You can read the newspaper story here.
Let me say that if someone feels their religious beliefs are incompatible with Freemasonry, they shouldn’t become members. No one is forcing anyone to join. Such a thing would be silly; you can’t coerce someone into being a good member of a volunteer organisation. But one would hope that someone would be honest enough with themselves that their opposition to Masonic membership is legitimate.
The reporter, in my estimation, puts his finger on the situation in a few short words:
So why would anyone label the Freemasons a cult? Maybe it has to do with members’ mystery-shrouded ritualsIf someone strips away the mystery and uses equivalents from normal, every-day life that people are acquainted with, they can see how off-centre some of the arguements against Masonic membership are.
One of the points made by the anti-Mason in the story was:
he also says it’s [Freemasonry is] anti-Christian because it doesn’t require belief in the God of the BibleThat’s quite true. Neither does the 4-H Club, the Book of the Month club, a membership at a gym or the Boy Scouts. Substitute any of these groups for “Freemasonry” and you can see how ridiculous the claim is.
Later, we read:
[Freemasonry] demands that members swear oaths despite the Bible’s proscription against such practices.Of course, the President of the United States takes an oath of office. Oaths are still common in a court of law. Doctors take the Hippocratic Oath. If an anti went around bleating that the U.S. government, the justice system or being treated by a doctor was anti-Christian, he’d be laughed at as a nut-job.
Ah, but Freemasonry has those “mystery-shrouded rituals.” Most people aren’t Freemasons and don’t know about Freemasonry. Being unfamiliar with it, they’re more willing to buy into false claims of “anti-Christian.” How are they to know otherwise? Make the same claim about the Boy Scouts, and they’ll call BS on it.
A more interesting claim is:
The organization is based on ancient fertility cults, not stoneworkers’ groups and spiritual knowledgeAnti-Masons should realise that just as anyone can connect-the-dots to “prove” untrue things about Freemasonry, anyone can do the same about anything else. It doesn’t take a lot of effort to point out things like Easter eggs and Christmas trees, and connect the next dot to make the claim that Christianity “is based on ancient fertility cults.” The line of reasoning is no different. Such a claim would be laughable, of course. As laughable as the claim about Freemasonry and “ancient fertility rites.”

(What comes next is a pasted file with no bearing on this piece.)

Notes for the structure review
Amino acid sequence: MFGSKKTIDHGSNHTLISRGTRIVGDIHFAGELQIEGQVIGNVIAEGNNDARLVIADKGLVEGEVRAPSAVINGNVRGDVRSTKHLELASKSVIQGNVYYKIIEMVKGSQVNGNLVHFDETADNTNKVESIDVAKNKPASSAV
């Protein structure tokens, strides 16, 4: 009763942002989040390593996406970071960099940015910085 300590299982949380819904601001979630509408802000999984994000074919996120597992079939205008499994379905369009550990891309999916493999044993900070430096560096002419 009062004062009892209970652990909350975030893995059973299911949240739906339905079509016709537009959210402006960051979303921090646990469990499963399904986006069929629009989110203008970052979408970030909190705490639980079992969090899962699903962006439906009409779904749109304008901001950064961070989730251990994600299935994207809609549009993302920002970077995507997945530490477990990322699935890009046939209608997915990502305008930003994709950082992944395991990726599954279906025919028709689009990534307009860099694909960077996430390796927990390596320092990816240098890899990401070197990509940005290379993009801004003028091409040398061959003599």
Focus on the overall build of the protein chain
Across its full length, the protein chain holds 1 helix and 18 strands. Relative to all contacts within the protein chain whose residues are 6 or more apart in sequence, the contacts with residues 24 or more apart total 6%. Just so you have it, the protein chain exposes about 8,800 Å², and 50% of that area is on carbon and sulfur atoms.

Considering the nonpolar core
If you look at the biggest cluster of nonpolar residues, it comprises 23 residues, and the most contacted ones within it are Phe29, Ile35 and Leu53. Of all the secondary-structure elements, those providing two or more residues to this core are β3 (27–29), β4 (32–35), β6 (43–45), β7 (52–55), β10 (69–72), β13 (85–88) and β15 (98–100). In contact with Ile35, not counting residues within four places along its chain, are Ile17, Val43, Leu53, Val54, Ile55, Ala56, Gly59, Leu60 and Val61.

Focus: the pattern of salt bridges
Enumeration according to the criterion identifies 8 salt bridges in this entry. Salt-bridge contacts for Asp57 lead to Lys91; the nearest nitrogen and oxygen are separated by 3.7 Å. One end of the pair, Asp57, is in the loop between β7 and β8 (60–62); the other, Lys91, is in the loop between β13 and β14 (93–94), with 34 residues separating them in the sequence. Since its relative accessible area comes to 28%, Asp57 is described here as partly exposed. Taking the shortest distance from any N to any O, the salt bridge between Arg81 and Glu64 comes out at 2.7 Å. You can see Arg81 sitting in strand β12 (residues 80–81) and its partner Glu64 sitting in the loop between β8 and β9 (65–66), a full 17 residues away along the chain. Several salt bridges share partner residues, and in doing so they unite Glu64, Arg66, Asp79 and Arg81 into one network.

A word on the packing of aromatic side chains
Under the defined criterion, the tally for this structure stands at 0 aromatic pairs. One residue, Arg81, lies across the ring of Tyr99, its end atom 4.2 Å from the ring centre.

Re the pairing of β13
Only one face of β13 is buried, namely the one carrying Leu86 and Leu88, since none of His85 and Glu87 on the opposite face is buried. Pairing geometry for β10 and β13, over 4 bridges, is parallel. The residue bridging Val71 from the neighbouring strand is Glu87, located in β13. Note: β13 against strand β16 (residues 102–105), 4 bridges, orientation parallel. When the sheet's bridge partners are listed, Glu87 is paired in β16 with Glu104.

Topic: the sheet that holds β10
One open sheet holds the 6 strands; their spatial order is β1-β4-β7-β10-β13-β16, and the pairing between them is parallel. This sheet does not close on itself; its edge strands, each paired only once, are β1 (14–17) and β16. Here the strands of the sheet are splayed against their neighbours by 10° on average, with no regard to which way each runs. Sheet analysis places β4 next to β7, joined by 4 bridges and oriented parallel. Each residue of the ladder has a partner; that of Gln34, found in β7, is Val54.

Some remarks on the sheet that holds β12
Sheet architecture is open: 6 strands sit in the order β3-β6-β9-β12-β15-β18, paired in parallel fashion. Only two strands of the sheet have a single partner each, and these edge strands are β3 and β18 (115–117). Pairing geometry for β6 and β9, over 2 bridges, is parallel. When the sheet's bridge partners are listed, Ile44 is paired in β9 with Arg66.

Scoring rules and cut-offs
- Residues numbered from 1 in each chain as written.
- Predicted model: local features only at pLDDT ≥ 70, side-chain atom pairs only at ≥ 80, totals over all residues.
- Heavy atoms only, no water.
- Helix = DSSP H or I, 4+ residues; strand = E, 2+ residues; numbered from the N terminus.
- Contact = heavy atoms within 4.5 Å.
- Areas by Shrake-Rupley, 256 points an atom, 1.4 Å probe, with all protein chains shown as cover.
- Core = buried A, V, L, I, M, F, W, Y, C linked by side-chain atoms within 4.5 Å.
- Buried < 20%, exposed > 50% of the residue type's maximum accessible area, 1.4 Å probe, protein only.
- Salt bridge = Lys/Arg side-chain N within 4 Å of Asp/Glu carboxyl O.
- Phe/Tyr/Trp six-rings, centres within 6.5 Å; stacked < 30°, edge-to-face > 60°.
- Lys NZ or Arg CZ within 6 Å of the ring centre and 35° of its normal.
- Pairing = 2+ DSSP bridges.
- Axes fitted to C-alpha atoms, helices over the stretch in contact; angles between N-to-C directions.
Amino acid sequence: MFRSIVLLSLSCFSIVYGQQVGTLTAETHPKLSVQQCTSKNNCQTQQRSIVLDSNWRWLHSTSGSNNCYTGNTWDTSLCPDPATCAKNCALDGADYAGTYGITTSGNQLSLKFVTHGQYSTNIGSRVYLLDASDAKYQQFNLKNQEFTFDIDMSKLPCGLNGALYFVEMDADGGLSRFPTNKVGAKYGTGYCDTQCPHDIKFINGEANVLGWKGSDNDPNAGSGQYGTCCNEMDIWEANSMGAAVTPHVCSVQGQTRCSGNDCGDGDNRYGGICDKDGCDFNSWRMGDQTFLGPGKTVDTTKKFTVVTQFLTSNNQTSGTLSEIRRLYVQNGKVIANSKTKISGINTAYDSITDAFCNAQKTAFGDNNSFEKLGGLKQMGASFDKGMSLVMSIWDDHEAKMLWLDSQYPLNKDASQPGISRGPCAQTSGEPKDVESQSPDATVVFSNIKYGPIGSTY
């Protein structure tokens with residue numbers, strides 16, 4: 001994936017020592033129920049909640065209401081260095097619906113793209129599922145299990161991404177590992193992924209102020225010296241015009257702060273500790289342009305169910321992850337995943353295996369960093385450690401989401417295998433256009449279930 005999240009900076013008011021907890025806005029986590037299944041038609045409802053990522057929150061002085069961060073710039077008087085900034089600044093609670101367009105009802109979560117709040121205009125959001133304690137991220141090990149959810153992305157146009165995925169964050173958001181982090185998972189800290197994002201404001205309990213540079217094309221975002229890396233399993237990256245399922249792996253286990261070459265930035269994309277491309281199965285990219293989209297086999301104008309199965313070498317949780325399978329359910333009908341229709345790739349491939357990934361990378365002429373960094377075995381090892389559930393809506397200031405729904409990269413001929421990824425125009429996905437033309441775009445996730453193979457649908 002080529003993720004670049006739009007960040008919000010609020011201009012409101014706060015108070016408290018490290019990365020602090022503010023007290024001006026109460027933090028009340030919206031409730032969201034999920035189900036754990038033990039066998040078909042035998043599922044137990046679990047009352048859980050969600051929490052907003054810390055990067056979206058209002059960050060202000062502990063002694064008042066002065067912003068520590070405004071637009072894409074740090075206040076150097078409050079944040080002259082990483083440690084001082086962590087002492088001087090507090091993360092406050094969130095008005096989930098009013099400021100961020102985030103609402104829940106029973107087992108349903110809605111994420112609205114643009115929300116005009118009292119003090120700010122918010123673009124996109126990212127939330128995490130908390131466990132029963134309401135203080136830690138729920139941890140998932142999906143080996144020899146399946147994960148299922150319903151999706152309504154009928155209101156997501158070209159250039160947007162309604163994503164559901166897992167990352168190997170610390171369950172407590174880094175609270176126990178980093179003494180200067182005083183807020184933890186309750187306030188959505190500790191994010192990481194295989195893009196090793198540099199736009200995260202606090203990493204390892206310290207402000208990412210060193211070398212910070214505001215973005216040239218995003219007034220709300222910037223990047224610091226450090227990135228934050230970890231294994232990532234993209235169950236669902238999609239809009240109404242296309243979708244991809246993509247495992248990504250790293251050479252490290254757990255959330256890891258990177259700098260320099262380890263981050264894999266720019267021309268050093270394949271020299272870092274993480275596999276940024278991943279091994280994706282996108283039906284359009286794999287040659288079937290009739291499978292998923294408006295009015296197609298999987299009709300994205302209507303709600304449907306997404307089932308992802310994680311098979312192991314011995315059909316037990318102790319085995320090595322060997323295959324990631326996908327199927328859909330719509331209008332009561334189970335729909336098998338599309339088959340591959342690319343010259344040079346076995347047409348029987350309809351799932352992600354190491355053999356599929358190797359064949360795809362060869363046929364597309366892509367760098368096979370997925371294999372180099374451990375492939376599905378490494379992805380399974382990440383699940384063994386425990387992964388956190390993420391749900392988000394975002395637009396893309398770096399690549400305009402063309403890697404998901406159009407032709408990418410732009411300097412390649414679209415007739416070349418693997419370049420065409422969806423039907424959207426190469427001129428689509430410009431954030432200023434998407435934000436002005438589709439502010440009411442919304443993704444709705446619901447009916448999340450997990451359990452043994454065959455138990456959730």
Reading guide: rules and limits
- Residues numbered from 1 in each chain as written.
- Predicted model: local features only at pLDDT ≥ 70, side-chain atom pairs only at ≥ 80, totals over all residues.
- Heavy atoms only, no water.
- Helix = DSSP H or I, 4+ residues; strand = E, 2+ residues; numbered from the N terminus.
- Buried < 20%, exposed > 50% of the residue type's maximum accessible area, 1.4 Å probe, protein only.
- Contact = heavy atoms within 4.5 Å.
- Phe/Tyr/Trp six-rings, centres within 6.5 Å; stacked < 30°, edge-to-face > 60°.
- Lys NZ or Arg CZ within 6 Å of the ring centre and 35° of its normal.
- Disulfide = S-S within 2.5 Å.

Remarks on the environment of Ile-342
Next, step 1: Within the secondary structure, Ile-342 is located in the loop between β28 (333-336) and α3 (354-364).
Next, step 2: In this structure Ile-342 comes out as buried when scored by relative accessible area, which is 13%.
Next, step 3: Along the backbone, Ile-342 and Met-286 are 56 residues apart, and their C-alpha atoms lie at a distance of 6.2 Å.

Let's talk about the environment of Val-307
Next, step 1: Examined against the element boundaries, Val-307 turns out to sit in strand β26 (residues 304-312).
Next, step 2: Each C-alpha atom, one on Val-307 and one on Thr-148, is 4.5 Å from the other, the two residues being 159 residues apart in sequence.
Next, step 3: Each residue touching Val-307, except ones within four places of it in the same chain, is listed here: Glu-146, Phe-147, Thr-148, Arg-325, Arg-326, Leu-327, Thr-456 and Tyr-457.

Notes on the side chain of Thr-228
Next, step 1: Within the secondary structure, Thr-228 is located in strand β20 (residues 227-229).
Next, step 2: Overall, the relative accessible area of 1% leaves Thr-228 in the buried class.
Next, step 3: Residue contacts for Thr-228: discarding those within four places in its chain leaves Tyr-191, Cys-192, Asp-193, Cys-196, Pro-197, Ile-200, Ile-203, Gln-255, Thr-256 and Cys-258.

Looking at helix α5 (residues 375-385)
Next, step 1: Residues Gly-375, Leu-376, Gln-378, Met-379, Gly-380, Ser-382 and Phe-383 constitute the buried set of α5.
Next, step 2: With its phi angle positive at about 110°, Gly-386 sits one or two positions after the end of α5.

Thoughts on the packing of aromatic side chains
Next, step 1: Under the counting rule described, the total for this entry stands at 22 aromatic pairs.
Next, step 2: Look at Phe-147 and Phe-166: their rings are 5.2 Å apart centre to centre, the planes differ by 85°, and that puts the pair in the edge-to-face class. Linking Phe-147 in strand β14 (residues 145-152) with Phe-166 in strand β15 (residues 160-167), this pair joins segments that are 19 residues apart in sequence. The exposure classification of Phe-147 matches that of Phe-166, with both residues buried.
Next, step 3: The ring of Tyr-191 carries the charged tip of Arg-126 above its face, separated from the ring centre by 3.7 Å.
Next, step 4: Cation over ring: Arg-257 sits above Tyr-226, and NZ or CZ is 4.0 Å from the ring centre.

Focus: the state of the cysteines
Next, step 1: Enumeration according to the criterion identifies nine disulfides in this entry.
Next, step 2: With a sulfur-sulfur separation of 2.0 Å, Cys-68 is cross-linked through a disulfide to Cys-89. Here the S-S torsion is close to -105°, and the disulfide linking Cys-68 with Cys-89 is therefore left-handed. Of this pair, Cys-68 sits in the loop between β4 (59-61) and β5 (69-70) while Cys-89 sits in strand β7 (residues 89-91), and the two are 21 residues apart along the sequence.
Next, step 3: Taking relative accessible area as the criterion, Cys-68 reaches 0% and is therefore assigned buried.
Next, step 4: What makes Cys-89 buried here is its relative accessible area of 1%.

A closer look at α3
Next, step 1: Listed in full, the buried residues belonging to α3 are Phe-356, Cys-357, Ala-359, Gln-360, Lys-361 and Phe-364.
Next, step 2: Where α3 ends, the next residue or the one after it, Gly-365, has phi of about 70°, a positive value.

I don’t know of any fertility rites that show off stonemasons’ tools, have a discourse on the building of a temple from the Old Testament, or give admonitions to be good citizens and help others in need if possible.
Antis seem quite willing to ignore the fact that symbols can be, have been, and are, used in different ways in different eras and places. What someone else did with them is meaningless, as meaningless as what so-called pagans did with trees that today are lovingly decorated by Christian families during the season to honour Christ’s birth (trees topped with a star that antis have linked to Satan, no less).
It’s how Freemasonry uses those symbols that is relevant to its members, not anyone else.
I’m sure many Masons could echo the thoughts of one of the Masons interviewed:
“It [Freemasonry] has helped me solidify my (Christian) faith.”I would hope so. There’s no reason it should not. Faith is one of the principle virtues outlined in the First Degree. Masons are reminded throughout the ceremonies to follow the tenets of their faith, not to ignore them or toss them away. In fact, that is one of their duties.
Granted, Masons are free to decide their religious beliefs for themselves. In democratic nations, such things are even protected by law. In the United States freedom of religion is guaranteed under the Constitution. Anti-Masons seem to have a problem with that. Yet, were they to screech and parrot each other on web sites that the U.S. Constitution is “anti-Christian,” their beliefs would be readily seen for the foolishness they are.
When it comes to Freemasonry, the ones who cry “cult” are generally the ones who want to dictate what religious beliefs others should follow.
The irony seems to escape them.